As I sit here rambling, I am beginning to feel like a carping ingrate. What could I reasonably have expected of Bush? I like to think he might have said, "I've egregiously ill-served our country. At this moment, American military forces are retreating from Iraq as fast as possible. They'll all be home by this time next week. As the only possible decent response to the lives I've taken, the property I've destroyed, and the mega-bales of your money that I've squandered, I'm resigning my office effective tomorrow morning, and I'm getting out of your faces right now ... good night, and may God forgive most of you for electing me." Obviously, that's outside the parameters of possibility; his handlers would be unamused. He could hardly have explained clearly why American blood and treasure must be expended to pour the blessings of liberal democracy down the unreceptive throats of Araby, since no such valid explanation exists; it would be like trying to explain clearly why red is green. Or he could do what he did: support the troops rising tide of freedom tough times stay the course we're fighting evil nine-eleven wartime training blah blah blah.

I've described our current president as "stupid" many times. Tonight, as I watched him excrete his speech, it occurred to me that he may be smarter than I've given him credit for. Did you notice that smirky little half-smile that played over his lips, almost all the time he was speaking? I've seen people do that before. They tend to do that when they're compelled to say things to an audience that they know aren't true, and that they suspect the audience sees through, too. It's an exercise called "trying to keep a straight face."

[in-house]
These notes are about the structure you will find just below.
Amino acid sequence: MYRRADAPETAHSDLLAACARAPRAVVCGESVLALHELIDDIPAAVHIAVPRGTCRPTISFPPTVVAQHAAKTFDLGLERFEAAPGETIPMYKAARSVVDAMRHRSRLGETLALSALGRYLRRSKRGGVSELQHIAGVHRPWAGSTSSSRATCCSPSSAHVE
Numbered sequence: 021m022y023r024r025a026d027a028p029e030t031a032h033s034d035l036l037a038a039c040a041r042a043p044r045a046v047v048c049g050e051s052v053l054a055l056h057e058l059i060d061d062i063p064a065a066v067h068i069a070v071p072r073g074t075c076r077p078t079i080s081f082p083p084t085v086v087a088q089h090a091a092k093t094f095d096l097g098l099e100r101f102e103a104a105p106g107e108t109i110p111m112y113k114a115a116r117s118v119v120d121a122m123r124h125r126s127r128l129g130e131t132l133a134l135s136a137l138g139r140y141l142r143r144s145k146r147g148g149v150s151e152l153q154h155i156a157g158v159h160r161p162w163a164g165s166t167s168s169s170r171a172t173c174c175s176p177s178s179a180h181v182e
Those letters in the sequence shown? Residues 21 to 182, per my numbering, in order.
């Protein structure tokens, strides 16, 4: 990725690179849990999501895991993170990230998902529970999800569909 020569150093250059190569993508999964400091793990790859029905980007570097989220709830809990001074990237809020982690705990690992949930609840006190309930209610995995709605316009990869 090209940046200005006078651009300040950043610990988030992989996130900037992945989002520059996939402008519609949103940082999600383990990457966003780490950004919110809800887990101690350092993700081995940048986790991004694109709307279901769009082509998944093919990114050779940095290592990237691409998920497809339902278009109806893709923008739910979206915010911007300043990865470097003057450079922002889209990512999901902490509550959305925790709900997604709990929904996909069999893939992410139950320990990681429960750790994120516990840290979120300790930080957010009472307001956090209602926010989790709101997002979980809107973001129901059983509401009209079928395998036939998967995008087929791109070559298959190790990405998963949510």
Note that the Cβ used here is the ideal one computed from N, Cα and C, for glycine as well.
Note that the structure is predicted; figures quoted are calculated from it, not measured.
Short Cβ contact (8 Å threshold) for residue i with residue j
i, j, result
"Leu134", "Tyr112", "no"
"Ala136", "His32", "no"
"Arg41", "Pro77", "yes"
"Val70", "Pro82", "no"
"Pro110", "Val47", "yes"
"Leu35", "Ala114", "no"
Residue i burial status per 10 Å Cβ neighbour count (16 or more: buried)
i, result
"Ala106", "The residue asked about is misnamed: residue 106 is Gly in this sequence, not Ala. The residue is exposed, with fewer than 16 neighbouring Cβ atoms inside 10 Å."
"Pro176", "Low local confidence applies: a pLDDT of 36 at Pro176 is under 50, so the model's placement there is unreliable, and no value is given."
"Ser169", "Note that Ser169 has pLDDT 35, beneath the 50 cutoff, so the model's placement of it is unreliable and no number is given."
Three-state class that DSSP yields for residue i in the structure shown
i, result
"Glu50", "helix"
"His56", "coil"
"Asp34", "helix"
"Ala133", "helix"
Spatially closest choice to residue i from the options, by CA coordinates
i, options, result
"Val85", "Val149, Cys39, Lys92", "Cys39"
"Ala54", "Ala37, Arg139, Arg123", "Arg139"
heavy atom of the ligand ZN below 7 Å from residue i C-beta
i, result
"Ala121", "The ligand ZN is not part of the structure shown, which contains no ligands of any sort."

We Americans import vast amounts of oil, cheap consumer goods, Mexicans, and Asian bankers' money; we export bullets and bombs (at high speed), reality teevee, IOUs, imperial pronouncements, and threats. This does not seem to me like a situation that can continue indefinitely. Everyone knows that water runs downhill. What a good thing it is for us that it will never, ever, ever reach the bottom!

Sunday, June 26, 2005

Caution: Politics AND Religion!

So, I was in church this morning. It is Sunday, after all. The sermon was an exposition of Judges chapter 18. My pastor has been on a lengthy series in Judges, and I'd guess he has another half-dozen Sundays to go in that book. As I listened to what he said, a couple of side thoughts came to me.